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Leila S. Lustig: Biography

Leila S. Lustig
1944 -
Region: British Columbia

Leila S. Lustig

LEILA LUSTIG was born in Louisville, Kentucky, and lived in various parts of the United States before moving to Canada in 1987. She holds a bachelor's degree in voice and a master's degree in composition from UCLA, and a PhD in composition and theory from the University of Wisconsin at Madison. Her teachers included Roy Harris, Roy Travis, Bert Levy and Robert Crane. Leila's PhD dissertation was the opera "Deirdre of the Sorrows," on a libretto she adapted from John M. Synge's play.

She spent 14 years in radio as a music producer and program director, producer of a number of classical music programs for the National Public Radio and American Public Radio networks, and creator/host of the long-running series "Music in Buffalo" for WNED-FM in Buffalo, NY, for which she composed the theme music. She was president of the Composers' Alliance of Buffalo for two years.

In Canada she has been an arts marketer, a university public-relations officer and a government writer, while continuing to compose and to perform.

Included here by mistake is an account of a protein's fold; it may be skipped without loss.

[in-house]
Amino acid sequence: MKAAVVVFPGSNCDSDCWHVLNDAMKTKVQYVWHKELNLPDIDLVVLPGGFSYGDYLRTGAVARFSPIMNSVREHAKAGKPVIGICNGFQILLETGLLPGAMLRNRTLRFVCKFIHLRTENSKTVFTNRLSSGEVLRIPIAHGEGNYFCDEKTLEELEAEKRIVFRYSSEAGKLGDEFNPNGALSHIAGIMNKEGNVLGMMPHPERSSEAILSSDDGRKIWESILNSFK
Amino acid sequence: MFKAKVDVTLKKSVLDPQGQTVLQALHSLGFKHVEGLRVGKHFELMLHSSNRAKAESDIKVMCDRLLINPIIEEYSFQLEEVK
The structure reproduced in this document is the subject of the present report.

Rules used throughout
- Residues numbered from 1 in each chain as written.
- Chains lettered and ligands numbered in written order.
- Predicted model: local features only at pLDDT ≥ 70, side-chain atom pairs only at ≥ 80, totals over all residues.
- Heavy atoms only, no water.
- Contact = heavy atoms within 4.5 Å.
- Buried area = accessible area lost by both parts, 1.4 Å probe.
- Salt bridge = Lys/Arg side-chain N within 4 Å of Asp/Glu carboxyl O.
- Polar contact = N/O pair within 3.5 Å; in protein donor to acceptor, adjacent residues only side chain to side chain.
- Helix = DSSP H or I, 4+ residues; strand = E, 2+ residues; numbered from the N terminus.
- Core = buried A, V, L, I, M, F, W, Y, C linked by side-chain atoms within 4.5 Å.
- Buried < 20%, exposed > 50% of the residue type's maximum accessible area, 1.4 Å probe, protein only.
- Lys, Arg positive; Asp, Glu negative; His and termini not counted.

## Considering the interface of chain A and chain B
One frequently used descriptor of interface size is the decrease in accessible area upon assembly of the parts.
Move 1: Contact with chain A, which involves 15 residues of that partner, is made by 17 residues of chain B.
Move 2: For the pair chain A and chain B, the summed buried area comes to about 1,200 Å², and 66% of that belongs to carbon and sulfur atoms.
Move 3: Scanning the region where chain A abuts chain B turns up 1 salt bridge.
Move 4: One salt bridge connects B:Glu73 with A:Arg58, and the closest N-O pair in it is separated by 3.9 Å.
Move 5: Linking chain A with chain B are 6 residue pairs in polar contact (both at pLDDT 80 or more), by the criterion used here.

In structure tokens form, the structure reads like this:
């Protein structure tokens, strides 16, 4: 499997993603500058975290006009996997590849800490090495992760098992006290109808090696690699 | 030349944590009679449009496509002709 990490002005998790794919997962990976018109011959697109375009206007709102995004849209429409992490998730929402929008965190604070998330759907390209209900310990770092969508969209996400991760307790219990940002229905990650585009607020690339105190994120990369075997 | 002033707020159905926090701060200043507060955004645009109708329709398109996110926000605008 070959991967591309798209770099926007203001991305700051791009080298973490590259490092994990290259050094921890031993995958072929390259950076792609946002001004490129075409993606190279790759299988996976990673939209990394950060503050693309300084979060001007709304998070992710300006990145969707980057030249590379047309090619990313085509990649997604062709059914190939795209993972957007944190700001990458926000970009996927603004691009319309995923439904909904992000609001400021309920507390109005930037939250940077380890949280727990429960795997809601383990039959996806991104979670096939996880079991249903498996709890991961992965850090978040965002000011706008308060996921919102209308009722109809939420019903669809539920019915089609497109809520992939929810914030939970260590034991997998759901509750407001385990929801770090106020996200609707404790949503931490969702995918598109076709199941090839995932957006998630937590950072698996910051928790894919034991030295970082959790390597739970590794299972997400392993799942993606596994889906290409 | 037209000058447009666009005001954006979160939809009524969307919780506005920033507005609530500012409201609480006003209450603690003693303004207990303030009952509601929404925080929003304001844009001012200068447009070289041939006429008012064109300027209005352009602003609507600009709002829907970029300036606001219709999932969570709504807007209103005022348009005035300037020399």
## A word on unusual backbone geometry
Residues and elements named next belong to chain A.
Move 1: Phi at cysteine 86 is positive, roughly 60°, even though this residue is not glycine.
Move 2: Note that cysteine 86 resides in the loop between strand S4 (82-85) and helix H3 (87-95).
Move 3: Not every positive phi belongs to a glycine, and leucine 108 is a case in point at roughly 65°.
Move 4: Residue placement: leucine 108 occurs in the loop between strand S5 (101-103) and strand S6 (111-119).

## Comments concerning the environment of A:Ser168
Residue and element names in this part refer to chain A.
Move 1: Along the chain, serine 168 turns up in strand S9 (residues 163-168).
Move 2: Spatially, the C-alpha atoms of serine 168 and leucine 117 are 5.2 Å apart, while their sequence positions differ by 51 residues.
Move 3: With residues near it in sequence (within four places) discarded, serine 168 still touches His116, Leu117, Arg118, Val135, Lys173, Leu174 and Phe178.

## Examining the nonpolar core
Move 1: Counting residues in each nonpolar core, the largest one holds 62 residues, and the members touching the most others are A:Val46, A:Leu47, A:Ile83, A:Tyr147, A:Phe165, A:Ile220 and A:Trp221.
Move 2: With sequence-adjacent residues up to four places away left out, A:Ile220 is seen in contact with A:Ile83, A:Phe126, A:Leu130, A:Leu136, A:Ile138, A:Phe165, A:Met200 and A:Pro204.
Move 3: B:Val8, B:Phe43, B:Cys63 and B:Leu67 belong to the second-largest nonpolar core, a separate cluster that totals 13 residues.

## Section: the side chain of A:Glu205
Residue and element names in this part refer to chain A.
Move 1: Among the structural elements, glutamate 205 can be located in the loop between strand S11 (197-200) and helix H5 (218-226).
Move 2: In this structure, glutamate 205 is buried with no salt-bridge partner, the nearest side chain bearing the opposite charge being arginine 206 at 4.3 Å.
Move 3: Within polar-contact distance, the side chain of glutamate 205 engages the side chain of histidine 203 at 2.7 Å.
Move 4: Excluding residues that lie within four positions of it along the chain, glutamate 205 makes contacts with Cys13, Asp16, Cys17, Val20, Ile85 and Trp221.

She is most interested in exploring the possibilities of the human voice in atypical combinations with other instruments, frequently on her own texts. Representative works include "Lament on the Death of Music" (saxophone quartet and voice) and "Revenge of the Northern Pike" (voice, keyboard, woodwind, and tom tom). One of her major works is a cantata in memory of her father, "Angels in My Way," using as texts the Hebrew Kaddish, the Gloria from the Latin Mass, and excerpts from Ralph Waldo Emerson's poetry. She has set to music all 26 poems in Barbara Holender’s “Ladies of Genesis,” intimate monologues by women in the Bible, combining the female voice with various combinations of instruments.

Since moving to Victoria, BC, Leila has concentrated on vocal chamber music, opera and choral music, including a cantata on homelessness, "Persons of No Fixed Abode," two choral works based on texts by the BC journalist and poet, Stephen Hume, and quite a few works for two-part and three-part women’s choir including a “Magnificat” combining Latin and English texts.

Having participated in the 2003 Composer-Librettist Laboratory sponsored by Pacific Opera Victoria, she collaborated with Victoria playwright Geoff Hargreaves on three one-act operas: ““Our Lady of Esquimalt Road,” “The Office Party” and “Gonzo Charlie Gray.”

In Vancouver, her music has been performed at the Sonic Boom Festival and by the Erato Music Ensemble, among other venues. The Vancouver and Victoria Symphonies have performed readings of her orchestral works.

Feb. 2009


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